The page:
"What I know for Sure" #paint52

Submersed In Color SOLD

The late Gene Siskel would ask, “What do you know for sure?” in his guest celebrities interviews, which inspired Oprah to write a monthly column “What I know for sure”, finding it a great way for her to take stock of her life.  This is “What I know for Sure” now celebrating my halfway point, twenty-six paintings, towards my #paint52 challenge.  

Mr. Oil is my first love, but I am becoming great friends with Ms. Acrylic.

Painting gives me energy.

 I realize that fear in the studio is a good thing.       

Inspiration shows up when doing the creating.

Show up!         

When in production mode, I become less attached to the painting.  Now I say “Next”.

Quantity produces Quality.

Resistance is the enemy.

I’m not so bad with color; in fact it may be my gift.

My art and my spirit are connected.   

Good things happen when you stretch yourself.

Your art needs to be seen.

Honor yourself and honor your commitment.          

  I’m going to complete 52 paintings this year.

*"Submersed In Color", twenty-sixth painting of #paint52 challenge, mesures 8-1/2" X 8-1/2", Atelier Interactive Acrylic on vellum, price $150. SOLD

Do You See What I See?


Cezanne's Vision

My color theory teacher and I were both looking out the window gazing at the tree limbs?  It was the first time that I experienced the idea of Color Seeing, which was originally introduced by Hawthorne at the “Cape Cod School of Art”.  Hawthorne was a contemporary of Monet and took his color seeing a step further.  As my teacher and I were both looking at the same tree, he discovered a bluish note, but I thought it was more reddish.  He said he noticed that I tended to see colors much warmer then him. 

Does each person see color differently?  Could this be a result of acuity, age or even drugs?  I heard that Van Gogh had lead poisoning, which caused him to see halos around objects, as well as the digitalis that he took for Epilepsy caused a yellow aura and yellow spots in his vision.  Could this be a result of his “Yellow Period”?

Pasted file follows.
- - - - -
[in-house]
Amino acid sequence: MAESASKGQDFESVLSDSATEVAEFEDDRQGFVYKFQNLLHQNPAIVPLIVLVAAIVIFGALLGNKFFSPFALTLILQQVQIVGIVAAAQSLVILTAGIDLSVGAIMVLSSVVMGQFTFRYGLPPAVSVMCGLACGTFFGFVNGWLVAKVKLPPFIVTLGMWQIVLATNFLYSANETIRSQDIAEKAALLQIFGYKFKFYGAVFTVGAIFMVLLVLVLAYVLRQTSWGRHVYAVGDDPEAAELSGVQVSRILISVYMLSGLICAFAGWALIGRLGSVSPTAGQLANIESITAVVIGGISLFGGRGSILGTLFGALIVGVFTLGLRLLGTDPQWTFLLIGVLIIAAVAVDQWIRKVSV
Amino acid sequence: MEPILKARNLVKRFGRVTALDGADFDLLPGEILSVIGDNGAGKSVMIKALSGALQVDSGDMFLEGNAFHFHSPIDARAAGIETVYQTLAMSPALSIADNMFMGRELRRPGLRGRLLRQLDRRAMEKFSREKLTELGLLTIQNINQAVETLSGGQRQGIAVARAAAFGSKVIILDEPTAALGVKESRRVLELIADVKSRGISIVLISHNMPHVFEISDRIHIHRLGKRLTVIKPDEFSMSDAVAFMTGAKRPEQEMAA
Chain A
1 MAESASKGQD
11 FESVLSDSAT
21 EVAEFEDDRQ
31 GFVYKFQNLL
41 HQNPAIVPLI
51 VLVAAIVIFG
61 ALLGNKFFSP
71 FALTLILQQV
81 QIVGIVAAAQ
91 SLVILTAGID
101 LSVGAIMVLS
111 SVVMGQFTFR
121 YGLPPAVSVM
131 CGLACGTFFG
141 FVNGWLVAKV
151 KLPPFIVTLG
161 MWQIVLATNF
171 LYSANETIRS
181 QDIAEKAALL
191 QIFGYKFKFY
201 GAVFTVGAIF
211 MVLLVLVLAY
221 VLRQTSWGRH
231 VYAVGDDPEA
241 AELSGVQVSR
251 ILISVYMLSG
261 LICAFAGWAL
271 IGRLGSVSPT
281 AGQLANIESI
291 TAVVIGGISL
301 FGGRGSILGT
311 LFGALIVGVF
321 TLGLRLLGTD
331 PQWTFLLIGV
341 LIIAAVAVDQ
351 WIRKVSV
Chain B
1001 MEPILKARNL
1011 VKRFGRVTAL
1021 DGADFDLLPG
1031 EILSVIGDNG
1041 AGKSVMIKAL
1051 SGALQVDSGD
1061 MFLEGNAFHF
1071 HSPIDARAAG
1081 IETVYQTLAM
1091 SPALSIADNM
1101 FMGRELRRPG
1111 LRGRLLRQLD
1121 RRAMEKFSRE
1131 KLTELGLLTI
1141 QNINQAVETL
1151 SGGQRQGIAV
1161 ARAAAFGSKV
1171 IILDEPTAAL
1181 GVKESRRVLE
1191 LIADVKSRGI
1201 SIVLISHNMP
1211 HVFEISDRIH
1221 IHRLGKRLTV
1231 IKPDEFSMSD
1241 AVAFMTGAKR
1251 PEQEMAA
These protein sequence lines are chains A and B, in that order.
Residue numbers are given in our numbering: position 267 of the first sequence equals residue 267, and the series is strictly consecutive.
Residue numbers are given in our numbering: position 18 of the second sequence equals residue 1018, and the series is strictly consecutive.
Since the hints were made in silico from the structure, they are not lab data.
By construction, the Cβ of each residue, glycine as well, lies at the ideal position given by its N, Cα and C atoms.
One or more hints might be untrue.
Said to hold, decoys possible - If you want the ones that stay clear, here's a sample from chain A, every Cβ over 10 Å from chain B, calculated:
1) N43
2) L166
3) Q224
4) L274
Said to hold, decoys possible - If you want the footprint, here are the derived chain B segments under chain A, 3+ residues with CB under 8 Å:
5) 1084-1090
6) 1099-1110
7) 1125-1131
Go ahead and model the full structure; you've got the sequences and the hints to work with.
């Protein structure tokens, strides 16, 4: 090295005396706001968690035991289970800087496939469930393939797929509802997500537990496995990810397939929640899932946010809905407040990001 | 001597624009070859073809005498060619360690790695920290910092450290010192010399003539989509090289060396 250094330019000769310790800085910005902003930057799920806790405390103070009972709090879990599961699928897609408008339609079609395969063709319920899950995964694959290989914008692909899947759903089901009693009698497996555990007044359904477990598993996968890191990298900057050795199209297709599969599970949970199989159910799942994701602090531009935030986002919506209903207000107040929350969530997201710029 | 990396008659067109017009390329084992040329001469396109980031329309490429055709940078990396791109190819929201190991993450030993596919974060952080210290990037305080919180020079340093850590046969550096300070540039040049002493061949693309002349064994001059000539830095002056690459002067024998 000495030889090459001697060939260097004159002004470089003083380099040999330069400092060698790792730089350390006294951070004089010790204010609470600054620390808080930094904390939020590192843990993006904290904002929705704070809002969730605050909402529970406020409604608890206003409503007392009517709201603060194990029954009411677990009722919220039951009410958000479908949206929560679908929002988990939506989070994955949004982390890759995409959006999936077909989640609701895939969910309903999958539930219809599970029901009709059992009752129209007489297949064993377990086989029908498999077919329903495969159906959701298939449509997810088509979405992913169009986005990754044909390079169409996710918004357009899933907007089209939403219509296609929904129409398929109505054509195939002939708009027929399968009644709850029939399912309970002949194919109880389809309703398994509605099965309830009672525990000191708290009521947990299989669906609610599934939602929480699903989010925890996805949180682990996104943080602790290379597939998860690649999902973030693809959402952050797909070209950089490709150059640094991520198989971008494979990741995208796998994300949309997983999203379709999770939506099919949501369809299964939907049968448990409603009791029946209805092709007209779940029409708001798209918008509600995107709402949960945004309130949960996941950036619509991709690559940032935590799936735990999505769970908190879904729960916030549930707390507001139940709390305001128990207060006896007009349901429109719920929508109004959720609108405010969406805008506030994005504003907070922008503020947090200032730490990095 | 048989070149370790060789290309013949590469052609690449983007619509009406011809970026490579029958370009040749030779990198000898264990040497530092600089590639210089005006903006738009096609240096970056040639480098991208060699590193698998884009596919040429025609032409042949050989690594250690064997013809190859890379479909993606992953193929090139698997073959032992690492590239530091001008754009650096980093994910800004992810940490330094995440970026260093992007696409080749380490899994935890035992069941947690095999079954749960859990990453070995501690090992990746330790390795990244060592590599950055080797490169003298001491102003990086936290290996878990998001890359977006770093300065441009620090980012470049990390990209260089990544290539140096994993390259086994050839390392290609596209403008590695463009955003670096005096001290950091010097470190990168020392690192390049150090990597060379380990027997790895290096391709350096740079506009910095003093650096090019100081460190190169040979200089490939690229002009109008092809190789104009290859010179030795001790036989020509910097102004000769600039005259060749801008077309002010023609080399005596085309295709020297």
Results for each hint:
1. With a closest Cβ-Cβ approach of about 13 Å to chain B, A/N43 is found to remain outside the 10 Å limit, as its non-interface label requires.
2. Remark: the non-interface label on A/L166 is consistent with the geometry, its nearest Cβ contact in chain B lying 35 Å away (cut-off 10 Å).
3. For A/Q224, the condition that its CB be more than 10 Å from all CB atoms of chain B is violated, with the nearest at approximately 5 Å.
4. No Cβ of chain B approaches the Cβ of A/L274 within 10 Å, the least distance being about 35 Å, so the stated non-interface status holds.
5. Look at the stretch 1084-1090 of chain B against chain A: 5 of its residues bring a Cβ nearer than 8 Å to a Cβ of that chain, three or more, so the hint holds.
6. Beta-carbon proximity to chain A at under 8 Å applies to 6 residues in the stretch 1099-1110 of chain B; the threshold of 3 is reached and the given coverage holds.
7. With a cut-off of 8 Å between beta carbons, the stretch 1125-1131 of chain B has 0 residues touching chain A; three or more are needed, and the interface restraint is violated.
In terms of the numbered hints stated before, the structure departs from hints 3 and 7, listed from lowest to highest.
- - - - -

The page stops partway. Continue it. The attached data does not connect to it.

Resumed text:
Did Renoir’s myopic vision in his later years cause him to produce brighter colors, primarily reds and oranges, with thicker and sketchier strokes? 

Monet’s cataracts caused yellowing and darkening of the lense of his eye, thus influenced his painting to be muddied and blurred.  There was an interesting paper written by Michael F. Marmor, MD, Stanford University Medical Center, Department of Ophthalmology, “Ophthalmology and Art: Simulation of Monet’s Cataracts and Degas’ Retinal Disease", that gives you the visuals of what he suspects were the recreated vision of both these artists.

Food for thought, that we as artists are not only affected by style preference, and eye hand coordination, but extremely affected by our vision and how we see the world. 

*This is my twenty-fifth painting of my paint 52 challenge, measures 30" X 30" Atelier Acrylic and Oil on Museum wrapped canvas (no need for framing), price $2250 SOLD.  Thank you so much for following my journey.

It's All In The Details

The Day of the Eucalyptus